As far as what we are doing at Native, we aim to keep our suppliers local, we use UK-based furniture providers where possible, and we work with the local restaurants, bars, cafes, and other facility providers to deliver our Neighbourhood Hero” scheme. Our developments incentivise reducing energy consumption, promote car clubs, recycle efficiently, and promote car clubs and cycling, to name a few of our initiatives. We have also recently partnered with national organisation Neighbourly who are supporting us in partnering with local good causes and charities, allowing our employees to volunteer and give back in the community.

Native are on a journey to become a ‘B Corp’ company, which we expect to achieve by the end of 2023. Measuring and analysing environmental and social impact is of critical importance of our clients and also us.

Has the recession / cost-of-living crisis had an impact on Native’s business?

Nationally we currently have eight operational sites and that will rise to 12 by the end of the year, with two others in the north – Manchester and Durham – opening soon.

The economic downturn hasn’t really slowed us down, although we have seen uncertainty impacting the funding market as interest rates have risen. We are expecting a slow down in delivery on new schemes in 2026 but those already under construction are keeping us occupied!

However, it’s more difficult for operators because op-ex budgets have suffered as a result of rising costs. We have to be more savvy in driving value by intelligent cost-control.

Investor expectations in terms of yields have not changed and we have to convince them that customer experience is BTR’s USP.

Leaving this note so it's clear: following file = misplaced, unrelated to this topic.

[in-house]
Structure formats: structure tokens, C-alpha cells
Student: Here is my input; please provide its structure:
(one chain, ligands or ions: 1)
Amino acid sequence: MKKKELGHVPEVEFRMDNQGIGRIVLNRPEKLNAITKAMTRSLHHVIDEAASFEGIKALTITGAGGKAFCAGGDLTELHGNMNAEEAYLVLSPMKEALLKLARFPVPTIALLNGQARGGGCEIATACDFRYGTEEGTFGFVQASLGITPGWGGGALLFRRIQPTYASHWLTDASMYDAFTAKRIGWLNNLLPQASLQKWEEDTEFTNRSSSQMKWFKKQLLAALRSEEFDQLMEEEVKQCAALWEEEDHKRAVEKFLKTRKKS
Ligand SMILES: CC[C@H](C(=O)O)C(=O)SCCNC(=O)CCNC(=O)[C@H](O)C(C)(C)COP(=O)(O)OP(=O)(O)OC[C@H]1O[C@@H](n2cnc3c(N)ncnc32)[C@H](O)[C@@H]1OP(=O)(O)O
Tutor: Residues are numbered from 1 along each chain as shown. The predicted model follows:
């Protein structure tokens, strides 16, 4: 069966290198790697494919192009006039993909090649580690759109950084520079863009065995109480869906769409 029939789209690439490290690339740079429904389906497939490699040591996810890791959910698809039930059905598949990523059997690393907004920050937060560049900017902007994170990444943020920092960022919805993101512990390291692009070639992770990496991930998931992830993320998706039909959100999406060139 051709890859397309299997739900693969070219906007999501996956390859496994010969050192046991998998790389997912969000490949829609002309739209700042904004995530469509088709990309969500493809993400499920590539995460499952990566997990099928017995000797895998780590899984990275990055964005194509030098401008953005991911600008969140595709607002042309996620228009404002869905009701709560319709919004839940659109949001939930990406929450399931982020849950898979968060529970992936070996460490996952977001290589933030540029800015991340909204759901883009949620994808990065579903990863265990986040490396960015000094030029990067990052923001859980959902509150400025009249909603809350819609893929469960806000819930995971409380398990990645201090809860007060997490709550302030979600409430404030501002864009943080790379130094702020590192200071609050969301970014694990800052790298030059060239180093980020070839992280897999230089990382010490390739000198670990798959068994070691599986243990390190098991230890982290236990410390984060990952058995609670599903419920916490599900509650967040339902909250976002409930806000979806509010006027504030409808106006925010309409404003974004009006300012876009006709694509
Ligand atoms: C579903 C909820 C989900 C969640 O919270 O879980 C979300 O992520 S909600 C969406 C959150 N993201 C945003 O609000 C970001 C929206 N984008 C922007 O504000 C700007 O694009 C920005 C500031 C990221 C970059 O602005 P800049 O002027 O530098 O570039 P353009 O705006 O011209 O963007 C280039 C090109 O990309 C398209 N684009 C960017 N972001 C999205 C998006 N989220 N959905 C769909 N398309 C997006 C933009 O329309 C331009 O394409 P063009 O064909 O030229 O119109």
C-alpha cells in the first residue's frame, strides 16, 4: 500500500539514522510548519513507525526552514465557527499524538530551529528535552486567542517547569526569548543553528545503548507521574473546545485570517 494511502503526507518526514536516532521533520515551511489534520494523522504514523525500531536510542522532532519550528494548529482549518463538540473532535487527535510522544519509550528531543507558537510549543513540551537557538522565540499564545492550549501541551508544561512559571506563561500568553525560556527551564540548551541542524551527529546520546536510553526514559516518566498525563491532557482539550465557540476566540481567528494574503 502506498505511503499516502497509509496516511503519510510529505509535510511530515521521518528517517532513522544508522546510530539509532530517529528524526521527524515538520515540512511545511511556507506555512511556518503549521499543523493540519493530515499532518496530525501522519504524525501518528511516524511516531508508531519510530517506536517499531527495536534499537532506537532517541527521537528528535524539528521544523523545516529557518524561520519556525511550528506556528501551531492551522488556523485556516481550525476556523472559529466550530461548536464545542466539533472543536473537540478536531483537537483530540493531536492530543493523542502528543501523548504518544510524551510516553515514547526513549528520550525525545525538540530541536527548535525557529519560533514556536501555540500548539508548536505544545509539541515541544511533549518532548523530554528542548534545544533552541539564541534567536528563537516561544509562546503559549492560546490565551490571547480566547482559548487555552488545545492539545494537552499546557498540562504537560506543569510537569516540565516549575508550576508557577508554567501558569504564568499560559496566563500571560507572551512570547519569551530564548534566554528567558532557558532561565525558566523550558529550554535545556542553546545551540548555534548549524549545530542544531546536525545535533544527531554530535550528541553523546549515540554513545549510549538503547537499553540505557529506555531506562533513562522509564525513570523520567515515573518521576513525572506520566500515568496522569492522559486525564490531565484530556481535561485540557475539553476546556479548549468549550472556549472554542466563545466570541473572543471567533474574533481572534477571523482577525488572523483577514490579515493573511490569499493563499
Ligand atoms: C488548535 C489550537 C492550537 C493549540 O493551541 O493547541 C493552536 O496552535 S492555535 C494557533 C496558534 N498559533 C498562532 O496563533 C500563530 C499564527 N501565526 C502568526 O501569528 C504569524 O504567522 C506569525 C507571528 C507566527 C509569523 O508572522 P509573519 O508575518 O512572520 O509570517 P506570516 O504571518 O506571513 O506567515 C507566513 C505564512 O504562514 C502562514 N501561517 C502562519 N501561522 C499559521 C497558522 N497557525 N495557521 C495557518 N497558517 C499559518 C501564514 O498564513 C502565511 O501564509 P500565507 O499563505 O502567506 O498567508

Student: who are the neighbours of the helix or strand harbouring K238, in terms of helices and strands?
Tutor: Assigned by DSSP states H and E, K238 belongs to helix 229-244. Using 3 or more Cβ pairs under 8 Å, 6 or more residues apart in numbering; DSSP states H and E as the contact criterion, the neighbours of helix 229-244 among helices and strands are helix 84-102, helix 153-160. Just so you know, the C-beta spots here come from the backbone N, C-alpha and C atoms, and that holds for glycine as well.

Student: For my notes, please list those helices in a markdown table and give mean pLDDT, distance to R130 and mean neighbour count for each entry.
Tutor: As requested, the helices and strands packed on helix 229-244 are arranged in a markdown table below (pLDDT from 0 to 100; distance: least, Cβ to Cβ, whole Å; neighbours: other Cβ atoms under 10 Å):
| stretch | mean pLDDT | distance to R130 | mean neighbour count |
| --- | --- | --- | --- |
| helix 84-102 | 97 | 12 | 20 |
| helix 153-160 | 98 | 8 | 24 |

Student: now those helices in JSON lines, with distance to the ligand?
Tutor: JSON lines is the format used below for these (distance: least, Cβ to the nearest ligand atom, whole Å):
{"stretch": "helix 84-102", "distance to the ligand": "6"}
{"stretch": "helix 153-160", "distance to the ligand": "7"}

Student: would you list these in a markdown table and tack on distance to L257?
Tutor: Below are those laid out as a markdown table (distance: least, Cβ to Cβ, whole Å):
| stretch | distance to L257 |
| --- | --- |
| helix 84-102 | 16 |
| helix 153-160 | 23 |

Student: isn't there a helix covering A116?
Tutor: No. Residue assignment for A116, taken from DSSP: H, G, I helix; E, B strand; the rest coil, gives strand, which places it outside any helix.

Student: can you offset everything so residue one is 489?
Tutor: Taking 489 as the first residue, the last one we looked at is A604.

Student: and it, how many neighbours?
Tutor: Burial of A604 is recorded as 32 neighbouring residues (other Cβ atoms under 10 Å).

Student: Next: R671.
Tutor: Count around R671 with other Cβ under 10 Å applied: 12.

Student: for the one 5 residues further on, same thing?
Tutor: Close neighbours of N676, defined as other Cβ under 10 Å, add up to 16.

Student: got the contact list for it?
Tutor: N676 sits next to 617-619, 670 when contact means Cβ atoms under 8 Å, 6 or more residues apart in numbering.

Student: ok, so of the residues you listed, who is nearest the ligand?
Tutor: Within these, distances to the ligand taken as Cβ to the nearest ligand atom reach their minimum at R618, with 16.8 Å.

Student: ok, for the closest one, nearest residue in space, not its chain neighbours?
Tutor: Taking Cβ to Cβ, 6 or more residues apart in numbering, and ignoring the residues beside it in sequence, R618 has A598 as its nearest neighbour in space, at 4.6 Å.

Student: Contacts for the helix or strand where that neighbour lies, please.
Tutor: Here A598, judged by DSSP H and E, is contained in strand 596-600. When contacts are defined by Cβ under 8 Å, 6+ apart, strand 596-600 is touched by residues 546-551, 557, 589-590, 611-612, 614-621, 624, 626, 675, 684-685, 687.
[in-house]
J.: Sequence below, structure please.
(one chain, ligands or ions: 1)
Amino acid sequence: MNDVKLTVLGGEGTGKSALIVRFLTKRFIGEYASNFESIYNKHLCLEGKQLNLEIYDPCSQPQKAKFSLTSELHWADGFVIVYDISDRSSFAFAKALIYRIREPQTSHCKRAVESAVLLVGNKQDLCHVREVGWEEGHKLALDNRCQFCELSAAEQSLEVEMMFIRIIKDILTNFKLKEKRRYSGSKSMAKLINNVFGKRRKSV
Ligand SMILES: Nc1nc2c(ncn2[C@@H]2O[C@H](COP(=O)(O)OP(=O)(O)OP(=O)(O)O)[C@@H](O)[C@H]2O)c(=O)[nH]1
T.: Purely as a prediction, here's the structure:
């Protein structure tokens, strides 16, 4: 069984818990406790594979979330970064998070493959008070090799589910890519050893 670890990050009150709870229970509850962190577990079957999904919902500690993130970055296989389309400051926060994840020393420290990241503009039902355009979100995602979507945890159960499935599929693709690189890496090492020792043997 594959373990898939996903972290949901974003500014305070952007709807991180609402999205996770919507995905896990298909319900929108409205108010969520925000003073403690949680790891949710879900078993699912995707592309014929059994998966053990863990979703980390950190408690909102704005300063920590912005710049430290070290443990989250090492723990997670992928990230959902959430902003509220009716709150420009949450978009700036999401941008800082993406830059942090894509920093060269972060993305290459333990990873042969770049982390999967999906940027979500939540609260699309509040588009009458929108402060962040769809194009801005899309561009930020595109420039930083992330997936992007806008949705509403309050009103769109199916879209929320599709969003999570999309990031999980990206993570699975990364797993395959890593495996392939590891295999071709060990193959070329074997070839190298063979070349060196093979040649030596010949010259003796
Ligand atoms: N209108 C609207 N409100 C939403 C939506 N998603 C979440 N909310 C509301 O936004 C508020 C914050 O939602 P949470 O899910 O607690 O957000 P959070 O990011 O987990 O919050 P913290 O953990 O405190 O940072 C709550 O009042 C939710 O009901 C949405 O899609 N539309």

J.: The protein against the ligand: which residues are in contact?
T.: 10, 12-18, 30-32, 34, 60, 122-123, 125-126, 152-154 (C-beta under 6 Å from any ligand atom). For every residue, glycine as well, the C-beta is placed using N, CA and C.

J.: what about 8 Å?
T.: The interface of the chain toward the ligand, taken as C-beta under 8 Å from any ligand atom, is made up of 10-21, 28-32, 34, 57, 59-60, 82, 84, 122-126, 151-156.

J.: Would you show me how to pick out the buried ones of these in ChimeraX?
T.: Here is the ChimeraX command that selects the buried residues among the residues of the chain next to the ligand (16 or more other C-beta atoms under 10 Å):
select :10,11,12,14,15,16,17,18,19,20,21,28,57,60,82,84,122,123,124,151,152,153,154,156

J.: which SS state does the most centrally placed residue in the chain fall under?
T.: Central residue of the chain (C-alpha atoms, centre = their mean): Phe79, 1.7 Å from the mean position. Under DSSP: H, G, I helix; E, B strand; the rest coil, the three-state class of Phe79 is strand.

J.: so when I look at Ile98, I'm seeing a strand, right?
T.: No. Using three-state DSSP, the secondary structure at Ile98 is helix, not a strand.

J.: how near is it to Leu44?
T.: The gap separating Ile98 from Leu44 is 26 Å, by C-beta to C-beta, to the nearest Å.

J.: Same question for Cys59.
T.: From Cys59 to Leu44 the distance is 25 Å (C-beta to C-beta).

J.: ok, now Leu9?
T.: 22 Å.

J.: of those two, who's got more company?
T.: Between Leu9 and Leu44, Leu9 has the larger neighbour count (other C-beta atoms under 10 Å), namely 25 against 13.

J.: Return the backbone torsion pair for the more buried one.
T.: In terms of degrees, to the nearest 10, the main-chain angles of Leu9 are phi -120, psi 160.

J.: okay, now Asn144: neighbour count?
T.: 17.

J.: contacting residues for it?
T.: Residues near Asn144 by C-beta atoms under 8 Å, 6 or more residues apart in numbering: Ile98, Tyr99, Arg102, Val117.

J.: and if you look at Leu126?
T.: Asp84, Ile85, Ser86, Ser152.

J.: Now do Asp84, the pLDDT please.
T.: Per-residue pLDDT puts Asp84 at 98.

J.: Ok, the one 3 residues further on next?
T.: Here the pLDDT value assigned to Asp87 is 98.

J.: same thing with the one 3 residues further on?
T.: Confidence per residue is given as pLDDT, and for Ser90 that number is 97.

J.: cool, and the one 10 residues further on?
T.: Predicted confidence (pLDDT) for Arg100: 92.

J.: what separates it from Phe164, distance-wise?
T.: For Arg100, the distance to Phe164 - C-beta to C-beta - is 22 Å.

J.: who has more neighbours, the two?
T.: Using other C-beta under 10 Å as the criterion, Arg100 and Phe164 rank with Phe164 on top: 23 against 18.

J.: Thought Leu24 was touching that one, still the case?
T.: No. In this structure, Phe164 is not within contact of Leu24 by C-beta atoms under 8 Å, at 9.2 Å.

The type of resident, our demographic, can shop around so we can’t cut corners. How we keep the level of service extremely high, amid economic constraints, is becoming our main challenge.

So, tell us about the UKAA North-West Hub

We are a group of likeminded northern BTR advocates, consisting of operators, suppliers, investors and other industry professionals, who come together to organise social and educational events in the North West, and to fly the flag for our region. I think it’s a valuable exercise. Its main goals are to raise awareness and standards in BTR and to put the north-west on the map – so not everything is about London.

There are some market leading BTR products in the north-west and we’re hoping the hub will raise awareness among investors and showcase the strength of our community, our suppliers and operators, but also set the standard for other regional hubs as they mature.

We would like to start benchmarking, but we are not quite ready for that yet.  What we do want further down the line is to speak as one voice so we can lobby the government and encourage a ‘fairer’ deal for BTR. We will of course continue in our quest to increase industry standards of showcase best practice.

Is there anything which could hamper the spread of BTR?

It’s difficult to find the right talent, especially in Manchester, and we are not doing enough to attract people into the industry from other sectors.

The industry is expecting staff to arrive adequately trained but if you’ve not lived in a BTR apartment or already worked in the sector how will you even know it exists?

Also, even if you have got into the sector, say as a concierge, how do you progress from that sort of entry position? Where is the career path? What would motivate you to stay?

Staffing, education, recruitment, and retention are really important, and we probably need more buy-in around this from investors when budgets are underwritten. These items can sometimes be omitted OPEX budgets, but they are core to the BTR product. The industry is so fast paced at the moment, and there’s no sign of things slowing down, so we as organisations need to look at how we look after our people, keep them motivated and feeling valued. A great way to achieve this is qualifications and training, not only will your team be more engaged, they’ll also be more qualified and save you time and money on recruitment down the line, a no brainer right…..

There are IRPM (Institute of Residential Property Management) qualifications, but they are heavy on property management and quite onerous. Maybe creating a specific BTR qualification is something UKAA could look at.

I’ll make sure to contact the Chair of the North-West Hub!